This new model might be a bigger deal for Dodge than anything with a supercharged V8. It's the brand's first all-new vehicle since the 2013 Dart was revealed in early 2012. Say hello to the Dodge Hornet. A compact crossover that will offer Dodge's first-ever plug-in hybrid driveline.
The day after Dodge announced the end of the line for its V8 muscle cars, it announced its first electrified model, its first all-new vehicle for the Canadian market in a decade, and one that could well shatter the sales figures of anything to wear the badge in a long time.
The 2023 Dodge Hornet is designed to be a compact crossover that still appeals to buyers who loved Dodge's brash aggression in the Charger, Challenger, and Durango. The automaker calls it a "‘gateway’ for enthusiasts to enter the Dodge Brotherhood of Muscle."
That means muscle car styling cues like hood heat extractors, Dodge's full-width Racetrack taillight, a "mail slot" grille opening, and chunky fenders. There's also a new Dodge badge on the trunk and Hornet badging on the fenders.
Can the Hornet deliver on that look, though? Dodge thinks it can. The base GT model gets a 2.0L turbo-four with 265 hp and 295 lb-ft of torque. With a nine-speed automatic, Dodge calls it the quickest utility vehicle for under 40 grand.
GT will get performance goodies we don't usually expect in this class, like Koni performance shocks, dual stage shock valving, torque vectoring AWD, and an electronic limited-slip differential. GT will get Dodge's good screens, too, including a 12.3-inch digital dash and 10.25-inch center screen with UConnect 5.
Hornet R/T is the PHEV model, with a 15.5 kWh lithium-ion battery that can deliver an estimated 50 km of range. The gas engine is a 1.3L turbo-four and together the two deliver 285 hp and 383 lb-ft of torque.
A sport mode called PowerShot delivers 25 more horses for 15 seconds. It cuts a full second off the run to 100 km/h and can be repeated after a 15-second cooldown. The PHEV will have hybrid, electric, and battery-saving modes. Recharging takes as little as 2.5 hours on a Level 2 plug.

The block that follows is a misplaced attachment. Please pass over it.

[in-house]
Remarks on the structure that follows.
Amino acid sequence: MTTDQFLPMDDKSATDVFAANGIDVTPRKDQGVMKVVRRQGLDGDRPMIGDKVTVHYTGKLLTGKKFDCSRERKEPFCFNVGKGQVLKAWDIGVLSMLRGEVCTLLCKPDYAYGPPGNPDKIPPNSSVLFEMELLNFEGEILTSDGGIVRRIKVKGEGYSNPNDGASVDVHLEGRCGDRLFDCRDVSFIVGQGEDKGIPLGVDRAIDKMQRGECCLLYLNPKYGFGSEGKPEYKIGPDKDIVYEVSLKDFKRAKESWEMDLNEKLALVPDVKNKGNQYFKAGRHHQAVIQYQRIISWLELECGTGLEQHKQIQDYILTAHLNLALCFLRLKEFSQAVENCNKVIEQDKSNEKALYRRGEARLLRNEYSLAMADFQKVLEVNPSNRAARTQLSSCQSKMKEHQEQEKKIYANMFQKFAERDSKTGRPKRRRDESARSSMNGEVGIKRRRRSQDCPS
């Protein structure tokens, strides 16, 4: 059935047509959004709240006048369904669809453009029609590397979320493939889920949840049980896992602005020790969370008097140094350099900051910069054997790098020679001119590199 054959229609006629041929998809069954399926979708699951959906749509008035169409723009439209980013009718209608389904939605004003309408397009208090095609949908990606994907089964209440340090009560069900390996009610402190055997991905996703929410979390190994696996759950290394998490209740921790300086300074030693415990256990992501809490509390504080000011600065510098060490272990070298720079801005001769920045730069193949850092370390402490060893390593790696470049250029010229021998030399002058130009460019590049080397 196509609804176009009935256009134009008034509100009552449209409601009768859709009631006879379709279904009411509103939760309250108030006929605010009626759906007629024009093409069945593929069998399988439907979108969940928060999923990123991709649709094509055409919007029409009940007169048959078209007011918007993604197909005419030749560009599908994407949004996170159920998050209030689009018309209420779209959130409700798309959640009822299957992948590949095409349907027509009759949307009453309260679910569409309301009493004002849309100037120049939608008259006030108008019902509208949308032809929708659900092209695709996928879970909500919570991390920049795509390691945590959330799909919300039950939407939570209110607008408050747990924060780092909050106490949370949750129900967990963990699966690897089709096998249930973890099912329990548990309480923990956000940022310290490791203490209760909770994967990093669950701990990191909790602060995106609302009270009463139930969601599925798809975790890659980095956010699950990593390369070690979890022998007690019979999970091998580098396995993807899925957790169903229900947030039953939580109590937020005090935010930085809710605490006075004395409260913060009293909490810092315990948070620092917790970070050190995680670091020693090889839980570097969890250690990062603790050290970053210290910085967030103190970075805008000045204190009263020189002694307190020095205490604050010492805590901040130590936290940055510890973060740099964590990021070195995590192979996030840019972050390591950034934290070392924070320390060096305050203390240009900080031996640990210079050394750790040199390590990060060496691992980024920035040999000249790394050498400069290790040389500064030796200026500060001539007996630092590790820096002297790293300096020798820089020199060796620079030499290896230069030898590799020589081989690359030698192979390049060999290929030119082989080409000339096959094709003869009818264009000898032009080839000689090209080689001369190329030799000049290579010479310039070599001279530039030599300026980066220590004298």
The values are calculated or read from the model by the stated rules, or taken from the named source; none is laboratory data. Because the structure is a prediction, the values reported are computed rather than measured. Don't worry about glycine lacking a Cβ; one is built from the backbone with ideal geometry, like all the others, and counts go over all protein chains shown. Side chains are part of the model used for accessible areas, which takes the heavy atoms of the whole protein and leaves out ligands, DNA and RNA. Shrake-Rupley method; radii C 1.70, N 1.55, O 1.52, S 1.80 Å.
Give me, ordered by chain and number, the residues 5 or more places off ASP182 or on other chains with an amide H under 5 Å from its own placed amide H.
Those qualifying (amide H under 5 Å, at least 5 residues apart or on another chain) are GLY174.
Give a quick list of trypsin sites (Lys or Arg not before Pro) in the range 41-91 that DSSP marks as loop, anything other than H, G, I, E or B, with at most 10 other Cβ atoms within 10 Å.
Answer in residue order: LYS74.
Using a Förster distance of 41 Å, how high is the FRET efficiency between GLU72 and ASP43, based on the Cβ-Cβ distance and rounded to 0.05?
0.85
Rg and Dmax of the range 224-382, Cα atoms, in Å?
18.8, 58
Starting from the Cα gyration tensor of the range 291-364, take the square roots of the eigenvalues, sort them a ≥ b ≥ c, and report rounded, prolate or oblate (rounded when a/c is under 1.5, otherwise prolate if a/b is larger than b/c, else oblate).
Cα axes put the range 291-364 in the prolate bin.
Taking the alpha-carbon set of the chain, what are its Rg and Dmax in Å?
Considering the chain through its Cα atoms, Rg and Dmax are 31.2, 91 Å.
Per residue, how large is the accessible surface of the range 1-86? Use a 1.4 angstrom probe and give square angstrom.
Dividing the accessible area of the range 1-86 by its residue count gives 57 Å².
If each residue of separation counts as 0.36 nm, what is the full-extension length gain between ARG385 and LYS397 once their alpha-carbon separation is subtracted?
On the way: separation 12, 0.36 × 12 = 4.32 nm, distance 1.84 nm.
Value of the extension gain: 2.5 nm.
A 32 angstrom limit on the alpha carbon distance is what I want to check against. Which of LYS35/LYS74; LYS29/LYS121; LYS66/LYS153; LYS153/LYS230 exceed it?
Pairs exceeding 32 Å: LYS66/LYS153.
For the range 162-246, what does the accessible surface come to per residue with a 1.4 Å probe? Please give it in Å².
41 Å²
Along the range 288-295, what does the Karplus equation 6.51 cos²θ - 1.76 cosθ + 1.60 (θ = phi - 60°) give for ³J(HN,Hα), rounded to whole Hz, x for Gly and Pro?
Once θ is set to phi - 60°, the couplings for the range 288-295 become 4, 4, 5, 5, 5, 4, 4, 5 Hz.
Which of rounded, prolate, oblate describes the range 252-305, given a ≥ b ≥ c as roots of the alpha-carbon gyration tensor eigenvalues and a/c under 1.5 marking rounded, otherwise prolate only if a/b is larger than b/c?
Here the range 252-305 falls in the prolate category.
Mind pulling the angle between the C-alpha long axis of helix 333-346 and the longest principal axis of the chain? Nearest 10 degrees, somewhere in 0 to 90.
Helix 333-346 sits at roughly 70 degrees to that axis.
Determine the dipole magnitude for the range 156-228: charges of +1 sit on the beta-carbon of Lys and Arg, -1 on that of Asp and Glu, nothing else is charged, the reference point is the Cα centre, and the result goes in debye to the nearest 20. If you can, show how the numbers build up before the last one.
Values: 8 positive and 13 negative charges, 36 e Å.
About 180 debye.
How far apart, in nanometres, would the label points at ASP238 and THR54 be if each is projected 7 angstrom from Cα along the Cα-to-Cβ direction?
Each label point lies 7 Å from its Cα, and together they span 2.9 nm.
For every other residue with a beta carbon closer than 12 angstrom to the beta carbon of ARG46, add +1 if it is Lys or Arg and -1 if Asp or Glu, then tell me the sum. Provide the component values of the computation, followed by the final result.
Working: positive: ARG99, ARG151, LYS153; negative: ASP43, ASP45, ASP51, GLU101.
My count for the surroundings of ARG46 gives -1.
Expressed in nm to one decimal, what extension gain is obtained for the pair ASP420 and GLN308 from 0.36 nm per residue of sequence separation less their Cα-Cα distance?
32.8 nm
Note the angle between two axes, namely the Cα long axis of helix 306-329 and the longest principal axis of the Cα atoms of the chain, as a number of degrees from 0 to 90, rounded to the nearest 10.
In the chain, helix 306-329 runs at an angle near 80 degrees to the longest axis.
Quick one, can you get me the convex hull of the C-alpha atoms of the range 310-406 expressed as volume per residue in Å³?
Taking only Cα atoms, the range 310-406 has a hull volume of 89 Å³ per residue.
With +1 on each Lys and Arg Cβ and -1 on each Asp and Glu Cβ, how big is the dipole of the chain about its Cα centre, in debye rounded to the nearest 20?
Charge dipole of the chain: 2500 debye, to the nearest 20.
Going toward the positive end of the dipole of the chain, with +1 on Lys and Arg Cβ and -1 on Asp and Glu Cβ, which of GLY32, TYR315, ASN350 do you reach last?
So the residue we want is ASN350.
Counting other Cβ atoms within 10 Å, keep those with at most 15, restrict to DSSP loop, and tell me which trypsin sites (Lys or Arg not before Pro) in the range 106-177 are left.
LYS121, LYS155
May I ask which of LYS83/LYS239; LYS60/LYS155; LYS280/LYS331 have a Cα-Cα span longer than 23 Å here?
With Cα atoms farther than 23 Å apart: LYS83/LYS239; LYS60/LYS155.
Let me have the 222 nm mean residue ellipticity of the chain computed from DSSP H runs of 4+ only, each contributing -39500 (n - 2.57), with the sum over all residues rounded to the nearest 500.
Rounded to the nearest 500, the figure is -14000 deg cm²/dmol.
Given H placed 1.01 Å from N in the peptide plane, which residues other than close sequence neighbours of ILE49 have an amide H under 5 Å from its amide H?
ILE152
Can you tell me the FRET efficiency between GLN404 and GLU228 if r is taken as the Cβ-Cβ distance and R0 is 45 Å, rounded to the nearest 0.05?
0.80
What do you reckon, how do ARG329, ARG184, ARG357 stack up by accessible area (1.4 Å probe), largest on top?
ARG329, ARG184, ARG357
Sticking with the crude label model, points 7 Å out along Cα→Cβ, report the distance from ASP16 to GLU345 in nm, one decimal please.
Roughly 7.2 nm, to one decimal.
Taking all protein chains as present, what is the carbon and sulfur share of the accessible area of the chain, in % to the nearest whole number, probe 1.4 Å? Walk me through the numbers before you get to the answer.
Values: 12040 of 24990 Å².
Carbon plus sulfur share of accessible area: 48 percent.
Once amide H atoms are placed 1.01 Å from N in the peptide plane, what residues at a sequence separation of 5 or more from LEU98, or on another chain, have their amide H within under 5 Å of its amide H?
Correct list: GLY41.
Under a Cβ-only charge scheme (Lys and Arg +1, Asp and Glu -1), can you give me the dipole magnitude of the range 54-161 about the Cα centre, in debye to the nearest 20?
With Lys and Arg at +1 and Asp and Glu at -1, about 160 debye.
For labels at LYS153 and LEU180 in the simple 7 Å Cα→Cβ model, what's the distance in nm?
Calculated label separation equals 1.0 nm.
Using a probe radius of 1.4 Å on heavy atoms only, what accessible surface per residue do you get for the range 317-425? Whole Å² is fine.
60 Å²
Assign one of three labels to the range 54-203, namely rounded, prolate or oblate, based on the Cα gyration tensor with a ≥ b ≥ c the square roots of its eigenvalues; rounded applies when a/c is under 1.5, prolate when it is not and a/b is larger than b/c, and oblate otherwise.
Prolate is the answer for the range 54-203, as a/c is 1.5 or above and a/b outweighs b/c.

Other performance parts on R/T include fixed four-piston Brembo brake calipers. They're the only such brakes in the segment, Dodge says, and they'll be an option on GT. With 18-inch tires fitted, Dodge claims an impressive 0.9g cornering performance.
Dodge will be offering a Track Pack upgrade for both Hornet models. Included are 20-inch wheels and Alcantara sports seats, as well as a flat-bottom steering wheel.
A GLH Concept was introduced at Dodge's reveal, a nod to that pack on the 1980s turbocharged Omni. Here it's set to be a post-sale add-on through Dodge's Direct Connection performance parts arm, but it would include suspension lowering, louder exhaust, and a "stage kit that offers stackable performance upgrades."
Back to what buyers are likely to actually care about, comfort and tech features. The UConnect 5 system comes with wireless Android Auto and Apple CarPlay. It can also connect two devices at once through Bluetooth. Optional equipment will include a 465-watt Harmon Kardon audio system, and every Hornet will get passive keyless entry and rain-sensing wipers.
Driver assistance basics include automatic emergency braking with pedestrian and cyclist detection, lane support system with automatic counter-steering, and blind spot detection with rear cross path alerts. Rear parking sensors are also included.
Level 2 advanced driver assistance features come with the tech pack and include adaptive cruise with traffic sign recognition and speed updates, driver attention assist, and a new system called Lateral Control/Lane Support that blends lane control and traffic jam assist to help keep you centred on the highway.
Production of the 2023 Hornet starts later this year, with GT models expected in showrooms before the new year. R/T models will come a bit later, expected at dealers in the spring.